Is the CFPB breaking its own rules?

by MPA19 Jan 2015
As everyone in the mortgage industry knows by now, the implementation of the Consumer Financial Protection Bureau’s (CFPB) TILA-RESPA Integrated Disclosure rule is only a few months away. And while, the bureau states the new rule will simplify and enhance disclosure forms for mortgage transactions, not everyone agrees.

The American Land Title Association (ALTA) said it is concerned with the CFPB’s new Closing Disclosure, which goes into effect Aug. 1, 2015, and replaces the current HUD-1 Settlement Statement.

During a recent speech at the Brookings Institution, CFPB Director Richard Cordray said the new integrated mortgage disclosures will help consumers become better and more informed shoppers. (Click here to read Cordray’s prepared remarks.)

However, ALTA said it believes the Closing Disclosure misleads consumers about the actual price consumers will pay for title insurance. ALTA said it is urging the CFPB to take swift action to ensure consumers receive accurate information about their mortgage costs, including title insurance premiums and settlement services.

“Unfortunately, the current Know Before You Owe forms will create confusion at the closing table for many consumers,” Michelle Korsmo, ALTA’s chief executive officer, said. “In nearly half of the country, title companies are required by state law to charge title insurance premiums and discounts in a manner different than the bureau would have them disclose those fees to the consumer.”

Through regulation or rate filing, title companies in about half the states offer discounts on the loan policy when an owner’s policy is simultaneously purchased. Despite the common practice, the rule prohibits settlement agents or lenders from disclosing the discounted simultaneous issue price for the lender’s title insurance policy on the Loan Estimate and Closing Disclosure forms, according to ALTA.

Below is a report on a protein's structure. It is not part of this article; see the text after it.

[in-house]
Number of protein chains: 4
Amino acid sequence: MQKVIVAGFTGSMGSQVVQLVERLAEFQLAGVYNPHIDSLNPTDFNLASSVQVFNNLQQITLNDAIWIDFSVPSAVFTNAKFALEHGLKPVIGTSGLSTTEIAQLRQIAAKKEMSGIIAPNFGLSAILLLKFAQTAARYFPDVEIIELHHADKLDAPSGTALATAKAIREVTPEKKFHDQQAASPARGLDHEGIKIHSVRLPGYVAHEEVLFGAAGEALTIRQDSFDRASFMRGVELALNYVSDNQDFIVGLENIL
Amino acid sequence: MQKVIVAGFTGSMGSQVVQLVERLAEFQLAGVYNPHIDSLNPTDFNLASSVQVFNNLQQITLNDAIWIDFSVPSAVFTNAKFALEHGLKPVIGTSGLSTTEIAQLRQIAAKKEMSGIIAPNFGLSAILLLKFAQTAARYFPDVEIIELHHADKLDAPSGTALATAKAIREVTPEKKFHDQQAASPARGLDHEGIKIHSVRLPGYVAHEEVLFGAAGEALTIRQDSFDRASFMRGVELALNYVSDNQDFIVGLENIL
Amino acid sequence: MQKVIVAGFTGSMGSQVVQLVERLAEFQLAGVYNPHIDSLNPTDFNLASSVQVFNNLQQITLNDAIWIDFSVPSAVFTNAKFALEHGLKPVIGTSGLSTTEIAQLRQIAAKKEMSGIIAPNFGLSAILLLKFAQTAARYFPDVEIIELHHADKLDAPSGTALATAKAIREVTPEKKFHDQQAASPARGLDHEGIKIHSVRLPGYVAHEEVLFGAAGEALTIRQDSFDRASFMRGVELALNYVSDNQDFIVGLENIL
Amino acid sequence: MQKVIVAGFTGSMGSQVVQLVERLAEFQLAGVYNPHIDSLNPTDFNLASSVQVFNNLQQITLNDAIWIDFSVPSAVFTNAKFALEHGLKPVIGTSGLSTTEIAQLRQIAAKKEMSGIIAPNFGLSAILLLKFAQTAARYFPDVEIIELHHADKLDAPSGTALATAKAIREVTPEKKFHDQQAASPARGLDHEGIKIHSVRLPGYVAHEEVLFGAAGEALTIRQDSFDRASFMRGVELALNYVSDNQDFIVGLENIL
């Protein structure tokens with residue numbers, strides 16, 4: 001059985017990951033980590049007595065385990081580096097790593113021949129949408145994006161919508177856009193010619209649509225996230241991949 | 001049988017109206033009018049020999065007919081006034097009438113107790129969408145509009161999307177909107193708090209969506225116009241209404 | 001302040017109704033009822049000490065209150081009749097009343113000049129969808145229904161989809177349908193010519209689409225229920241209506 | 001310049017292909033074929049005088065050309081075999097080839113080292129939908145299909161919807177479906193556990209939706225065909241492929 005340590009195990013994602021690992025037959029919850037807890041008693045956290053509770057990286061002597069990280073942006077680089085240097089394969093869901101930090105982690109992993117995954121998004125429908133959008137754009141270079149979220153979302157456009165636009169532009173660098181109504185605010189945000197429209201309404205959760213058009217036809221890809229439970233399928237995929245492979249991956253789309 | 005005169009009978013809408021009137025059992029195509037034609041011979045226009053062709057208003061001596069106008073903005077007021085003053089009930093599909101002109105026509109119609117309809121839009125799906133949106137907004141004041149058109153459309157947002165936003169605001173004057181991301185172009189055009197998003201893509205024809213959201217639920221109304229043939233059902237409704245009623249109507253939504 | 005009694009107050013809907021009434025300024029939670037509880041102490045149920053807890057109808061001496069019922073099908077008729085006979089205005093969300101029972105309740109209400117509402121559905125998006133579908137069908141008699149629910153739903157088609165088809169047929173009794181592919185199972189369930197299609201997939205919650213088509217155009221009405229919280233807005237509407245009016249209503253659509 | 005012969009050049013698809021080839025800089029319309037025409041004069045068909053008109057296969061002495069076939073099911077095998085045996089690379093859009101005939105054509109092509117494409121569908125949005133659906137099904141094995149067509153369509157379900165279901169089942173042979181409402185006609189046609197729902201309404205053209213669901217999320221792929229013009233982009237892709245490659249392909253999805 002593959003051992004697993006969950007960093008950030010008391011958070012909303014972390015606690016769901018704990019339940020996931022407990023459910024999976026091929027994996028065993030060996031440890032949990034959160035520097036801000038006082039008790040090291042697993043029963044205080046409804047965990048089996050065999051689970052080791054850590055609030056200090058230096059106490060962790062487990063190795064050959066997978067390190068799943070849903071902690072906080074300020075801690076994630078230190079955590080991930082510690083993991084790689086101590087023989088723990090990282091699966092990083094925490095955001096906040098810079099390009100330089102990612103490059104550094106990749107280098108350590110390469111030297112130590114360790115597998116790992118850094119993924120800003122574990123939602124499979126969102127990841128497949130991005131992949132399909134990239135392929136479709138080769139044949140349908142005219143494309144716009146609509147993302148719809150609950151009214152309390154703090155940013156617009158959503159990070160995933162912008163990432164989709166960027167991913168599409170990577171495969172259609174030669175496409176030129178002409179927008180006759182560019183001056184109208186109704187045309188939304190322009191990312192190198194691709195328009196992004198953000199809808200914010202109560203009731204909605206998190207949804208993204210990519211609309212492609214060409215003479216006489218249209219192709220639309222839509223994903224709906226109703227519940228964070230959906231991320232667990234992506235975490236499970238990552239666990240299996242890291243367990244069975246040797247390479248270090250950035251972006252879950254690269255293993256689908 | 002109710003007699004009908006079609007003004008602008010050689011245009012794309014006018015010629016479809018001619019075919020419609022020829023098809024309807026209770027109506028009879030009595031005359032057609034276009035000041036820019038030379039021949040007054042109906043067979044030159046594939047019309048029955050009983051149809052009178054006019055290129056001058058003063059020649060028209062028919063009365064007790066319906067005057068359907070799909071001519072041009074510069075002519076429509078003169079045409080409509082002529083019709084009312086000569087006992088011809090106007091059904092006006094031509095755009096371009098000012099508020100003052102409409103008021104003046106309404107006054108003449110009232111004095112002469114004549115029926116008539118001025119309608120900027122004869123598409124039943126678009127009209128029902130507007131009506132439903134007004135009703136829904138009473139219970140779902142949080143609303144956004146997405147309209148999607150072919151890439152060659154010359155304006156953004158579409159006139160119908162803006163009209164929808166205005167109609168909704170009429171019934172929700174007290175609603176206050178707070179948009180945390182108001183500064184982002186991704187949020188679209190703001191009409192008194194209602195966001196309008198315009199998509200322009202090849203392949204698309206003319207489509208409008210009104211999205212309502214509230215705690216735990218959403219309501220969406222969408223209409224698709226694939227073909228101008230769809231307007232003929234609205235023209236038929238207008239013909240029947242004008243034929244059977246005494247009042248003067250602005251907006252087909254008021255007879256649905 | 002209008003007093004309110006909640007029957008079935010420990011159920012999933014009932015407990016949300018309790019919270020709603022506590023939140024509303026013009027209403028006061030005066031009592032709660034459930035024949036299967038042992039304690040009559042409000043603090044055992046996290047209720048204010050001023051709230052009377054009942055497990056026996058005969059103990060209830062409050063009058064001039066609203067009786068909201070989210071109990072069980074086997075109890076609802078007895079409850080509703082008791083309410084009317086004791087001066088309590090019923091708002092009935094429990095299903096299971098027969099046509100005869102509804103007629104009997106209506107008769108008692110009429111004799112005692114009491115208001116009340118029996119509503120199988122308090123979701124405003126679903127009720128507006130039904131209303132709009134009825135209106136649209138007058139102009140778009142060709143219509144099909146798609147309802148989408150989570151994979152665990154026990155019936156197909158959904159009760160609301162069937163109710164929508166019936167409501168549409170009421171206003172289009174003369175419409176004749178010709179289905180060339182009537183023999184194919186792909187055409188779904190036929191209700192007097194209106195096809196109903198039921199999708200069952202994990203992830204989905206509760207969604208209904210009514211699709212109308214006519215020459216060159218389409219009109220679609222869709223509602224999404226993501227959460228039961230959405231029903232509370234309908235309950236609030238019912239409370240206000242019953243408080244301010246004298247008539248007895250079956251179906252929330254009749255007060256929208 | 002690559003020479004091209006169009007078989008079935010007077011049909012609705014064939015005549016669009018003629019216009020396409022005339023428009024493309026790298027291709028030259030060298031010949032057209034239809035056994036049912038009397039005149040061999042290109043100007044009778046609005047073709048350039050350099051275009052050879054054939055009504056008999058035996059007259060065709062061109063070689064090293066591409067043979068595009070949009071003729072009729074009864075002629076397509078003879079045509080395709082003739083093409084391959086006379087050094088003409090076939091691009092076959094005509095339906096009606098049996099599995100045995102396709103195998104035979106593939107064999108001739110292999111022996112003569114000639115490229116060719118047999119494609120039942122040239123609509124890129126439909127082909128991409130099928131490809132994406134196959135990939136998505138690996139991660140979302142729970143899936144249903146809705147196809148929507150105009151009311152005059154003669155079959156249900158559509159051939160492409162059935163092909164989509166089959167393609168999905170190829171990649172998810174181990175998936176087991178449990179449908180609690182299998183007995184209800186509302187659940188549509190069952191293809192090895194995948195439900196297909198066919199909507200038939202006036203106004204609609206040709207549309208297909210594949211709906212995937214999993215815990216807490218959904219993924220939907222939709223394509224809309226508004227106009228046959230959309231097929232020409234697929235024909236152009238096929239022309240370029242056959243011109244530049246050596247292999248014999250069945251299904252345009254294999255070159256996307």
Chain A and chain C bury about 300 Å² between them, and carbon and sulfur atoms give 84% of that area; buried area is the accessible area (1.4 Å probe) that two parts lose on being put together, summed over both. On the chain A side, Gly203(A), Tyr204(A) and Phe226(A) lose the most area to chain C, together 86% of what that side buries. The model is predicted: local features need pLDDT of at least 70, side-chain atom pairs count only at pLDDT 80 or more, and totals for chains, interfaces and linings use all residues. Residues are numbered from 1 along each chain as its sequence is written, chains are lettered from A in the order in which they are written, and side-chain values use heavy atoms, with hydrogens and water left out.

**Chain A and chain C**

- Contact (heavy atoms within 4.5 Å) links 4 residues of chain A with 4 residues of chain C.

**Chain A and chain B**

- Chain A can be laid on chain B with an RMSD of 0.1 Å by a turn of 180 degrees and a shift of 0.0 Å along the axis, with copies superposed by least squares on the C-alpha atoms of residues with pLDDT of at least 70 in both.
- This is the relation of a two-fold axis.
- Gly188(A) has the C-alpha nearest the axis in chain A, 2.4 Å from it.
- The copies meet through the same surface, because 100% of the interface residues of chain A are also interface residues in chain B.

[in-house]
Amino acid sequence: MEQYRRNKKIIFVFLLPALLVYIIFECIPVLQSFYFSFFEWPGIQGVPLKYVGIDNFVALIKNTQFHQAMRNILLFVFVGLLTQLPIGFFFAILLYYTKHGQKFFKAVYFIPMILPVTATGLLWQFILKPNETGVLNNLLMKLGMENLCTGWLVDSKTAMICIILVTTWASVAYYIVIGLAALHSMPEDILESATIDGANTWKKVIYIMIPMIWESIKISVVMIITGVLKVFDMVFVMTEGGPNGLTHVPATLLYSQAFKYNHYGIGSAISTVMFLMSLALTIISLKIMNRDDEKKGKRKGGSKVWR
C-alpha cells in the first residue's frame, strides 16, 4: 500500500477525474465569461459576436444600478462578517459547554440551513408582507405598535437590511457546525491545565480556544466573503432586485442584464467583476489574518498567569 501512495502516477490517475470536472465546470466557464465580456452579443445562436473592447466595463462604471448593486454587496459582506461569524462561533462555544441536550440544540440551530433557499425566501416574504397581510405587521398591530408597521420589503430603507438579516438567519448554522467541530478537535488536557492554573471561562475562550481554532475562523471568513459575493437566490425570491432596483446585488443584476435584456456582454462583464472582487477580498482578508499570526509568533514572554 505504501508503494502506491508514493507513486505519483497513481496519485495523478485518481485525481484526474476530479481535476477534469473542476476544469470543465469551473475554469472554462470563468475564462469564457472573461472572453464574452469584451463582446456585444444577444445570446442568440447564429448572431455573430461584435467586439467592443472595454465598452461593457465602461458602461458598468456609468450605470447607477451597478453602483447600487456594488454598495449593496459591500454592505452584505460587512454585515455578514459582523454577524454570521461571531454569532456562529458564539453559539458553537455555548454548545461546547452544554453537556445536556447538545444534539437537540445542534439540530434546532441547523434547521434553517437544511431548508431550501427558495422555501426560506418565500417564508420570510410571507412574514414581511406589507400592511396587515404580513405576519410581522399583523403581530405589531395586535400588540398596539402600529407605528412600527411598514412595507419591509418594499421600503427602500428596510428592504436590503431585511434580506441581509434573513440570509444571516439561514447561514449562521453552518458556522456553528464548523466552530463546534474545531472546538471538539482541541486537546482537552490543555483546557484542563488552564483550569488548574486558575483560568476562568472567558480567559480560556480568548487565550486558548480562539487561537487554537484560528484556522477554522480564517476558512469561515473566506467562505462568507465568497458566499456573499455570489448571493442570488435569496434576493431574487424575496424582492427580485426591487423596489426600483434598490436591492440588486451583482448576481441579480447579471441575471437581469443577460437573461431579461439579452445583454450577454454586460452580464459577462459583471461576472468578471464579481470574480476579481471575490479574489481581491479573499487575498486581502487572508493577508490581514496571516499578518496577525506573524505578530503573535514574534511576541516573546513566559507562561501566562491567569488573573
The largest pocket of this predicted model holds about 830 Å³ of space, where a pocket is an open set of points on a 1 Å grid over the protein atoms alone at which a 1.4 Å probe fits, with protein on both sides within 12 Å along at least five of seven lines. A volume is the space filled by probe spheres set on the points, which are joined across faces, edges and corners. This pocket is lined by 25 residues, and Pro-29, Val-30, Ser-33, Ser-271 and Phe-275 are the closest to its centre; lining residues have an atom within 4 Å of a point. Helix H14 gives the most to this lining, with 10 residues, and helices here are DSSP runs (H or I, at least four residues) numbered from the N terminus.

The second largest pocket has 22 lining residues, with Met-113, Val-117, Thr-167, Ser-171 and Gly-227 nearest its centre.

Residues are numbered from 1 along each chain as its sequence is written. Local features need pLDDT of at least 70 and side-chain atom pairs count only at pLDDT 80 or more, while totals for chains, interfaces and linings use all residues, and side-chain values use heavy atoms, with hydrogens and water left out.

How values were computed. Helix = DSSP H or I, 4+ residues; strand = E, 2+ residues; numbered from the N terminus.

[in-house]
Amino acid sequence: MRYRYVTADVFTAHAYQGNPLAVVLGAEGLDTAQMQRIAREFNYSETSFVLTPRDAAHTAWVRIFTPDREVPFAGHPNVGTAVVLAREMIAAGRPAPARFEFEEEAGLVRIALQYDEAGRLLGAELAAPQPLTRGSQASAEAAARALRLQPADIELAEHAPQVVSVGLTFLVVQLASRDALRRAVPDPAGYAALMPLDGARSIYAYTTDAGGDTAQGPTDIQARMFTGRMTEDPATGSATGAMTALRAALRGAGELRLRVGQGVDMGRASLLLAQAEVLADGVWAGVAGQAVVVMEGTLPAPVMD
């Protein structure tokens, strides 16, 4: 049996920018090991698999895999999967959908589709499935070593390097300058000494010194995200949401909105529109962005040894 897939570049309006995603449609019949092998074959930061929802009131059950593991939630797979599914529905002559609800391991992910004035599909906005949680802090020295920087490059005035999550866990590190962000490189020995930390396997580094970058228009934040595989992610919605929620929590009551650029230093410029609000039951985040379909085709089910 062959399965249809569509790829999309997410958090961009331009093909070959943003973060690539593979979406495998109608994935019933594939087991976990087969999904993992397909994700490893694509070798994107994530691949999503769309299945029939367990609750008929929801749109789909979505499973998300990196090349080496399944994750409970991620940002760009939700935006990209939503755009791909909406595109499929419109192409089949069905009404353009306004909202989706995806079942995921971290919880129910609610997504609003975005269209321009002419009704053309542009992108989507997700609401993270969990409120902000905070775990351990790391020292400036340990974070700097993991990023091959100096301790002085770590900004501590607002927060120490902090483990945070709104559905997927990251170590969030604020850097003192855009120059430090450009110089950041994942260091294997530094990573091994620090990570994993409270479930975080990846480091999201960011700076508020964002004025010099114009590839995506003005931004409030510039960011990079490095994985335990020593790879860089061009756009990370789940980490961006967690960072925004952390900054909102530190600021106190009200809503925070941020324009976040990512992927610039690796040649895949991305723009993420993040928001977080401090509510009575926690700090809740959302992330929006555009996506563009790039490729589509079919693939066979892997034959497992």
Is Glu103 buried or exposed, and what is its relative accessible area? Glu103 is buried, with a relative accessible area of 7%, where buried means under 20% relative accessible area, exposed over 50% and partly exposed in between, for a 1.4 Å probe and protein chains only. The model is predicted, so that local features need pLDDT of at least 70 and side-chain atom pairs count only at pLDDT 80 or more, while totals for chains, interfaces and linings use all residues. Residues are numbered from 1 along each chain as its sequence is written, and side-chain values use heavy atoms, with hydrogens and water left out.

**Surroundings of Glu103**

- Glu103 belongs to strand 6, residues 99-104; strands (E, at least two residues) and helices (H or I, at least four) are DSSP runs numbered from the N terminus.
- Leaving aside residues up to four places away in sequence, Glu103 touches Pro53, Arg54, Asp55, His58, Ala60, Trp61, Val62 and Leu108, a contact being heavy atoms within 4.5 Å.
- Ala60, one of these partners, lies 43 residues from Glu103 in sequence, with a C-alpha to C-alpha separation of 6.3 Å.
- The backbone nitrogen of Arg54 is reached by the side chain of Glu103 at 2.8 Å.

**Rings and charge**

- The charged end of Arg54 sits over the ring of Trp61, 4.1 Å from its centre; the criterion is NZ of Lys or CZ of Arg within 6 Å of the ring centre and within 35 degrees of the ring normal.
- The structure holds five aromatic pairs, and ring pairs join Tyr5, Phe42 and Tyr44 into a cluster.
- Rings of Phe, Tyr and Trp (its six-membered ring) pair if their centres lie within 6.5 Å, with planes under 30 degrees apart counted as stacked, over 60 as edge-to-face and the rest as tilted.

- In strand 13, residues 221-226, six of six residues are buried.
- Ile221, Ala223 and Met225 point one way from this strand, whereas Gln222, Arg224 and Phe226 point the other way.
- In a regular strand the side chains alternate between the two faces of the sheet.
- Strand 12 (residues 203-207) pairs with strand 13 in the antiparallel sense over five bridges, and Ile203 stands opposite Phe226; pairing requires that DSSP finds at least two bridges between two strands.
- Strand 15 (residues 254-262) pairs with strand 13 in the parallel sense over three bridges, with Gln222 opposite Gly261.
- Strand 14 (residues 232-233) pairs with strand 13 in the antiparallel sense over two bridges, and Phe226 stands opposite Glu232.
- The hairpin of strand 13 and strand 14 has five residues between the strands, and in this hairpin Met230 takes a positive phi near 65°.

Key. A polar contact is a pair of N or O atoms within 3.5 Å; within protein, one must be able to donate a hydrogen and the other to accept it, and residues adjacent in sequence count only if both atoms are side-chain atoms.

ALTA said it believes that the rule’s requirement that the Closing Disclosure provide inaccurate charges for title insurance premiums is inconsistent with state law or regulation in 21 states: Alabama, Alaska, Arizona, California, Colorado, Florida, Idaho, Kansas, Michigan, Missouri, Montana, Nebraska, Nevada, New Mexico, New York, Ohio, Oregon, Texas, Utah, Washington, Wisconsin and Wyoming.

Additionally, the bureau’s method for disclosure of title fees will also cause confusion in the 31 states where the seller pays or is likely to pay for owner’s title insurance on behalf of the consumer.

This disclosure requirement will also cause consumers to think they need more cash to close, which will result in money being refunded, ALTA stated. Title and settlement agents will have to provide additional disclosure forms to consumers at closing to show the actual title insurance costs and to prove compliance with state law governing industry-filed rates.

“ALTA supports a cleaner real estate transaction but not at the expense of consumers understanding of their actual mortgage costs,” the association said in a statement.
“We agree with Director Cordray that an educated consumer is a more confident and empowered consumer,” Korsmo said. “Our economy can speed up its recovery if we provide more stability, growth and affordability in the mortgage market. We will continue to work with the CFPB and our industry partners toward commonsense solutions that decrease consumer uncertainty and bring demand back into housing market.”

The TILA-RESPA Integrated Disclosure rule includes two new forms for mortgage applications received on or after Aug. 1, 2015. The Loan Estimate must be provided to the consumer three business days after the application, and the Closing Disclosure must be provided to the consumer three days before closing.
 

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